“The damn radio isn’t working,” he said, reaching up, scratching the back of his head. He had his hair cut short, not quite a buzz cut, but it faded shorter as it went down. He was taller than me by a couple of inches, and I wasn’t a slouch at six feet and so inches tall. My stat-sheet would say I was six feet, three inches. They exaggerated a bit though. He had to be around that height and he was fit. More of a natural fitness compared to my gym body, but he had strong arms. I wasn’t going to fight him though; I didn’t want that on my record too. I was already caught as it was, anything I did now would just make things worse for me and Mom.

“There’s one outside,” I offered, hearing my handcuffs slide across the table when I readjusted my hands.

“That thing hasn’t worked for months,” he countered. “Another thing I keep telling maintenance about.”

“Oh,” I said as he pulled the chair back out from under the table and sat back down on it. This time he covered his face with his hands, seeming to peek at me from between his fingers.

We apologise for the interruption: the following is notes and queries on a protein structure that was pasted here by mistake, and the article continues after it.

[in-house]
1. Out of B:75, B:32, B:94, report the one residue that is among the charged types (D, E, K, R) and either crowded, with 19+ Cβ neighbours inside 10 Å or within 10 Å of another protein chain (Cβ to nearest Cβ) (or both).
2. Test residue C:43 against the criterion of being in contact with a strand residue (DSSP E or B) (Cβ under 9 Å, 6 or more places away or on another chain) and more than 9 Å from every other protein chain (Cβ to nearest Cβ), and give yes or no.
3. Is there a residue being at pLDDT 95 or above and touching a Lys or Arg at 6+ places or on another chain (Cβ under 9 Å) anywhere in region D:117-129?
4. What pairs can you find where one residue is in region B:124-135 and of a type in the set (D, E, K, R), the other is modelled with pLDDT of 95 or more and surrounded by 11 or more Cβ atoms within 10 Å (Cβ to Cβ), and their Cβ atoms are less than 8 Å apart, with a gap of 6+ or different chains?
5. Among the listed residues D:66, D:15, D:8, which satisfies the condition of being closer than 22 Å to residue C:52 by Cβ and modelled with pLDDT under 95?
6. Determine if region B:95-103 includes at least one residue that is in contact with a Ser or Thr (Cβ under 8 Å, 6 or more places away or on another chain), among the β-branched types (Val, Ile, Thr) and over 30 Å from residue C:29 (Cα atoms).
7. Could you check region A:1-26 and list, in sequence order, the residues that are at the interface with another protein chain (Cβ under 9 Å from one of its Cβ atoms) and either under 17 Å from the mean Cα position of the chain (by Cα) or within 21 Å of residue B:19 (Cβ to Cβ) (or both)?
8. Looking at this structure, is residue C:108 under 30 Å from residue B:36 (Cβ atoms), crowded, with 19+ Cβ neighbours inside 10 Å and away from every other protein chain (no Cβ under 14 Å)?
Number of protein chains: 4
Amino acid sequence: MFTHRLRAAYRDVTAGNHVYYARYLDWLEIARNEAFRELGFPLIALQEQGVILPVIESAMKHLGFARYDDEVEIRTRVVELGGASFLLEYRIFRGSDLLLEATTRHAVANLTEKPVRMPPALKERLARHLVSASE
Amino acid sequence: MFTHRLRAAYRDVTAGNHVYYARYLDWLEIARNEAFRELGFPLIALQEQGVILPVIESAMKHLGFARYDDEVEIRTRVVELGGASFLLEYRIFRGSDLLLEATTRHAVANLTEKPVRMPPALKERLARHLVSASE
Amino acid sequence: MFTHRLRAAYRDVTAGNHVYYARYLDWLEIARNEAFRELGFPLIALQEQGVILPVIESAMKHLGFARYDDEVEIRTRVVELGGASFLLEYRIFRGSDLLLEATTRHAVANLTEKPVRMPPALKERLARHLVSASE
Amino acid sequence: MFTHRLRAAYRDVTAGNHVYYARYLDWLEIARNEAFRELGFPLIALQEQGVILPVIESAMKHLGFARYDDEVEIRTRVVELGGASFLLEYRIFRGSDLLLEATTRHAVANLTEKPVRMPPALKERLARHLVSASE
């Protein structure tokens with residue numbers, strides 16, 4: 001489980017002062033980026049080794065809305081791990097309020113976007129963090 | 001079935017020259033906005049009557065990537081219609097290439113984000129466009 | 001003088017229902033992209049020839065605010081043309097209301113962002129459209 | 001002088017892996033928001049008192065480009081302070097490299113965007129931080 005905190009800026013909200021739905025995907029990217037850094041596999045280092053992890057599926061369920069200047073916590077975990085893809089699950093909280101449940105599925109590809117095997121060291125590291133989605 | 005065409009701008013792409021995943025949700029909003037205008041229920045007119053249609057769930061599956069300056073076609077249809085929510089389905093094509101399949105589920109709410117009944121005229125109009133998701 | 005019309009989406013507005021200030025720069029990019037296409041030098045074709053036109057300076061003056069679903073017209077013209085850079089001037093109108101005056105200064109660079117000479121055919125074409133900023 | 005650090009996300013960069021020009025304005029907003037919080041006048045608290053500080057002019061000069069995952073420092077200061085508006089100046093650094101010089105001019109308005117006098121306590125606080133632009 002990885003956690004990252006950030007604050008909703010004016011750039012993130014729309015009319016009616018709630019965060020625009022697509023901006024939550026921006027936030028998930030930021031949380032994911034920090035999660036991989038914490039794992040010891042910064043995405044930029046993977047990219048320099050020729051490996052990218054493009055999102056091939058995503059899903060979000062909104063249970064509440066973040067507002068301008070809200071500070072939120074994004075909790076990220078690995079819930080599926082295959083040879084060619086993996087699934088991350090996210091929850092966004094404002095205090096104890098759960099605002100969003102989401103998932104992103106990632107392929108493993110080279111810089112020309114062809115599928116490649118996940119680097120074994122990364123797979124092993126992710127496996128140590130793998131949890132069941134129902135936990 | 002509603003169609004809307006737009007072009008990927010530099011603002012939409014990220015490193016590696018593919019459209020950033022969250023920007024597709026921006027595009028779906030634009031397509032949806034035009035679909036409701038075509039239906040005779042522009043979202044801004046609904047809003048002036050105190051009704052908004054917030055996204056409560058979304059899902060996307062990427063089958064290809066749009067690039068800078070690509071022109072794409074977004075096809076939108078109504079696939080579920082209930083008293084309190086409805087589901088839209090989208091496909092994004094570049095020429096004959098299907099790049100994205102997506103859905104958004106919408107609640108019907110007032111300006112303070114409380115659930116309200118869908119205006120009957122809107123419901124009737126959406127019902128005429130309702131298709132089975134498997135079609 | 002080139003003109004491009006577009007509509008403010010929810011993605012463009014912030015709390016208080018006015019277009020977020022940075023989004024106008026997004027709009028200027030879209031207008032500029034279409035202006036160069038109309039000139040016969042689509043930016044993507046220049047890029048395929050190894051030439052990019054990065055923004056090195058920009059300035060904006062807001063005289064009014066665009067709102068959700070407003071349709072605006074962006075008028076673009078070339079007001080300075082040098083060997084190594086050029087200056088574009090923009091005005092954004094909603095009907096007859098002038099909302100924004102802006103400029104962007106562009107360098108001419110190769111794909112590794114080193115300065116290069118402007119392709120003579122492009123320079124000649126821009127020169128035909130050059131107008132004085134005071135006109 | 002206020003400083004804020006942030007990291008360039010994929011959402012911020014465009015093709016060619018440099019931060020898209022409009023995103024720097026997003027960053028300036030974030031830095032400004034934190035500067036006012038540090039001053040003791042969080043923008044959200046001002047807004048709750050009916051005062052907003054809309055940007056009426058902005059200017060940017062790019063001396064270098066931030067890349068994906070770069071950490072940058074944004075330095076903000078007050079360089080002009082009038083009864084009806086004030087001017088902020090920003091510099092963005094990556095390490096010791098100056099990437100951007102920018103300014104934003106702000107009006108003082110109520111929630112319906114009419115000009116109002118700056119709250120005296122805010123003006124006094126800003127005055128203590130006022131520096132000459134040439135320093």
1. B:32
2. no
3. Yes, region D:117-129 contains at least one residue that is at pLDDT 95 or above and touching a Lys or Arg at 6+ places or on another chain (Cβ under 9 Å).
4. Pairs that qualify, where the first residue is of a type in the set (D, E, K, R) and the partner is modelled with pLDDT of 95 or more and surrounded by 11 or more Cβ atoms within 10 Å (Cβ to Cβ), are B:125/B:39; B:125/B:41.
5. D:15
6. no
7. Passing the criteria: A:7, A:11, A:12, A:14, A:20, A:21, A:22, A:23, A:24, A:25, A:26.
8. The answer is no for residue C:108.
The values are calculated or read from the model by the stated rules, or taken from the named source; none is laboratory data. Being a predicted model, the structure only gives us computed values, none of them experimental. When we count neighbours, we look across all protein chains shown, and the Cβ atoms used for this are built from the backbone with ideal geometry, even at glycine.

“I should probably just take you in,” he muttered, his face still covered. Despite myself, I smirked and he let his hands drop to the table. The smirk seemed to snap him out of his self-pitying and when his eyes found mine, I fought to hold them, even though I was still unnerved about being face to face with the person that was going to make sure I never saw freedom again.

“What happened with my mom?” I asked, hoping he would tell me, but not really expecting anything from him. I didn’t even know his name.

“She is in custody and being questioned at your local police station,” he answered, and I surprised him when I balled my hand into a fist and slammed it down onto the table. He jumped and reached for his gun.

“Fucking hell that hurt!” I said as I had jarred my wrist against the metal cuff.

“Don’t do that again!” he ordered, and Milly barked and scooted into the other room and I felt bad for having scared her. I had a soft spot for dogs, especially the ones that were all smiles and wagging tails.

“They shouldn’t have taken her back,” I groaned, feeling a frustrating tear escape my eyelid and falling down my face. “That place, those people.”